And this coming week promises to be just as chaotic.

Keep reading. Keep writing.

Later.

Building Character

Hi, guys!

This past week was mostly spent working on behind the scenes stuff for Soul Bearer. I’ve been reaching out to ARC readers left and right. I got a bit of editing done for the rerelease of The Gem of Meruna.

I also finished the pre-beta reader edits of Salt and Silver, and got it sent out to them. They found a few things that need adjusted, and I’m glad they caught it. Their response was overwhelmingly positive though, and I’m so freaking excited about it!

It’s a great feeling to know someone enjoyed your work.

And that story was so much fun to write. The characters are…interesting (a demi-demon with a conscience, a werewolf with a hero complex, a reckless mortal). lol.

Which brings me to the topic of the day…

Character development.

So, there are a lot of types of writers, and a lot of standpoints on how autonomous our characters actually are. Some people believe their characters have minds of their own, and have a lot of control on how the story develops. Some people believe all the control rests within the hands of the author.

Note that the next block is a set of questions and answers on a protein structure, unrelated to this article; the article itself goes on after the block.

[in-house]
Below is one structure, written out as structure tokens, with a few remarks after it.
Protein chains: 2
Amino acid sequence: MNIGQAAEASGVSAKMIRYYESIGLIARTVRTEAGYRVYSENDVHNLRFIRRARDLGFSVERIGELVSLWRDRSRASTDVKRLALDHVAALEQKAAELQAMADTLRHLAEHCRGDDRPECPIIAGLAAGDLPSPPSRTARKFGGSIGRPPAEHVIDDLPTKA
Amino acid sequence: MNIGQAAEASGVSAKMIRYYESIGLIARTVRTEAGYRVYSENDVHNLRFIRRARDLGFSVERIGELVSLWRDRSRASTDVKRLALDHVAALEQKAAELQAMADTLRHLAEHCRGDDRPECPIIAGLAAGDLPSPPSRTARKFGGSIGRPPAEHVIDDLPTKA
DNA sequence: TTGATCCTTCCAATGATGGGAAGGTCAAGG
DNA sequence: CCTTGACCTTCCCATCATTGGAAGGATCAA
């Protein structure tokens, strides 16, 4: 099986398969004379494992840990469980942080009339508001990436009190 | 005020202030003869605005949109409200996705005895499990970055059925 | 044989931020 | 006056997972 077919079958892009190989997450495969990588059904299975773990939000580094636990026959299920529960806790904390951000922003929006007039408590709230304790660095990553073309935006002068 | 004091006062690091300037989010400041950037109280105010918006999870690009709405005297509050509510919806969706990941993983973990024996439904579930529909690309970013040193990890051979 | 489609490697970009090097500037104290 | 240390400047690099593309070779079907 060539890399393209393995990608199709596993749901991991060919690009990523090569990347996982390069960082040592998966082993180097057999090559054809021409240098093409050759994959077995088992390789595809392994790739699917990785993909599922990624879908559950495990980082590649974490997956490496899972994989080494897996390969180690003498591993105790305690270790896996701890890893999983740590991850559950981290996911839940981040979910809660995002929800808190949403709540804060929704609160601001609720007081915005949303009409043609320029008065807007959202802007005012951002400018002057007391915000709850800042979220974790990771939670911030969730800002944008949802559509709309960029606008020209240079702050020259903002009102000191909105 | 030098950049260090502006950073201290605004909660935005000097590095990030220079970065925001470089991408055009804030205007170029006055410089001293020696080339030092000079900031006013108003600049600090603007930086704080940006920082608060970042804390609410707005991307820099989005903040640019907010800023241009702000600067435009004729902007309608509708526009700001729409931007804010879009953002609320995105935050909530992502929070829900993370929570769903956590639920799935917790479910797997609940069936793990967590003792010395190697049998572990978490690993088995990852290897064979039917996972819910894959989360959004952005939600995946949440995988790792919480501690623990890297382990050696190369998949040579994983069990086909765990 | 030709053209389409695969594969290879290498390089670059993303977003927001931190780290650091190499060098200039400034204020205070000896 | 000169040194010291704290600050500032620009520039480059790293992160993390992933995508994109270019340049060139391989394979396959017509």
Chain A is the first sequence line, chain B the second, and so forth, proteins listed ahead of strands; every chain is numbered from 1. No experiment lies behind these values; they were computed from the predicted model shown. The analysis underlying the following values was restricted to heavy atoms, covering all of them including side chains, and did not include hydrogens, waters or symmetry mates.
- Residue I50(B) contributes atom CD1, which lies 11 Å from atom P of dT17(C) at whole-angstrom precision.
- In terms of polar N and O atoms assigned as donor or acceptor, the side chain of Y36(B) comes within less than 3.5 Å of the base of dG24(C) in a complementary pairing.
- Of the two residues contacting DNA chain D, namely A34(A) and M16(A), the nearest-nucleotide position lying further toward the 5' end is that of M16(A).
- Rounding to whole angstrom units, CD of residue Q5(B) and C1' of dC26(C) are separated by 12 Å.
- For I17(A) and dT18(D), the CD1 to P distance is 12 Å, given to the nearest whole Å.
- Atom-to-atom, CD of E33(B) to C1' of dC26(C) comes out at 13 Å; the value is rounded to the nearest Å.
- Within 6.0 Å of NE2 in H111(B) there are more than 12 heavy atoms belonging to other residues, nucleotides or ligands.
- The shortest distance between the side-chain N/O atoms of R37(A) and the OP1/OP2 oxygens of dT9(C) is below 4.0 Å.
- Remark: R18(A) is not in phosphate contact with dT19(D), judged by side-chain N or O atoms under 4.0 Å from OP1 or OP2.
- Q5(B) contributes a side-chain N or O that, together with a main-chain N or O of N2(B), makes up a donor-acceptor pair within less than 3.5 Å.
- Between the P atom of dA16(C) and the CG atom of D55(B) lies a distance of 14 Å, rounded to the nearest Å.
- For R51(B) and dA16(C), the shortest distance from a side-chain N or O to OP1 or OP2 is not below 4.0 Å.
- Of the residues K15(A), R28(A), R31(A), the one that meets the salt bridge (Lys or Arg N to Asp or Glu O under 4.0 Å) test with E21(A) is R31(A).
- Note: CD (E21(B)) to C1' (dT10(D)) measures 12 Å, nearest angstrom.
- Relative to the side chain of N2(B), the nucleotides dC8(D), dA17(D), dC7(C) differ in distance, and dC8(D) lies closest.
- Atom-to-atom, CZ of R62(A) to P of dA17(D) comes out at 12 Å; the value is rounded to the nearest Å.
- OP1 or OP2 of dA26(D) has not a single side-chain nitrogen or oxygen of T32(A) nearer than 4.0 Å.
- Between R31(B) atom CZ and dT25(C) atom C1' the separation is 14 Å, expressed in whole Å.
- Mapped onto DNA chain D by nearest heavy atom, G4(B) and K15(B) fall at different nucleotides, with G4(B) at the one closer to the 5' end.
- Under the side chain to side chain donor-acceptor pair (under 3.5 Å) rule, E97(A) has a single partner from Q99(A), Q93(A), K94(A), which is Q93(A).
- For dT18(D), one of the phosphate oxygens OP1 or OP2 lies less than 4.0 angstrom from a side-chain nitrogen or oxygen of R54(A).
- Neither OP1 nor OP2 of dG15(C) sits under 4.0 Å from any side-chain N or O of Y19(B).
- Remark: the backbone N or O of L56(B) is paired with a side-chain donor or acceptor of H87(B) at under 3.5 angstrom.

And to be honest, as far as my next point is concerned…which side of that fence you’re on doesn’t matter.

Because, whether you think they’re forcing your hand or not, you need to think of them as fully independent people.

Whether you’re plotting carefully or running wildly through pages, the characters have to be people to you. Because if you don’t see your character as a person, your reader won’t, either.

You need to see all the facets of their personality. Otherwise, how will you ever figure out how they’ll react in a given situation?

If they’re a full person to you, it’s easier to figure out what they’ll do.

They can’t just be heroic because you say they are. Fiction has to make sense, ironically enough. Your characters have to have a motive.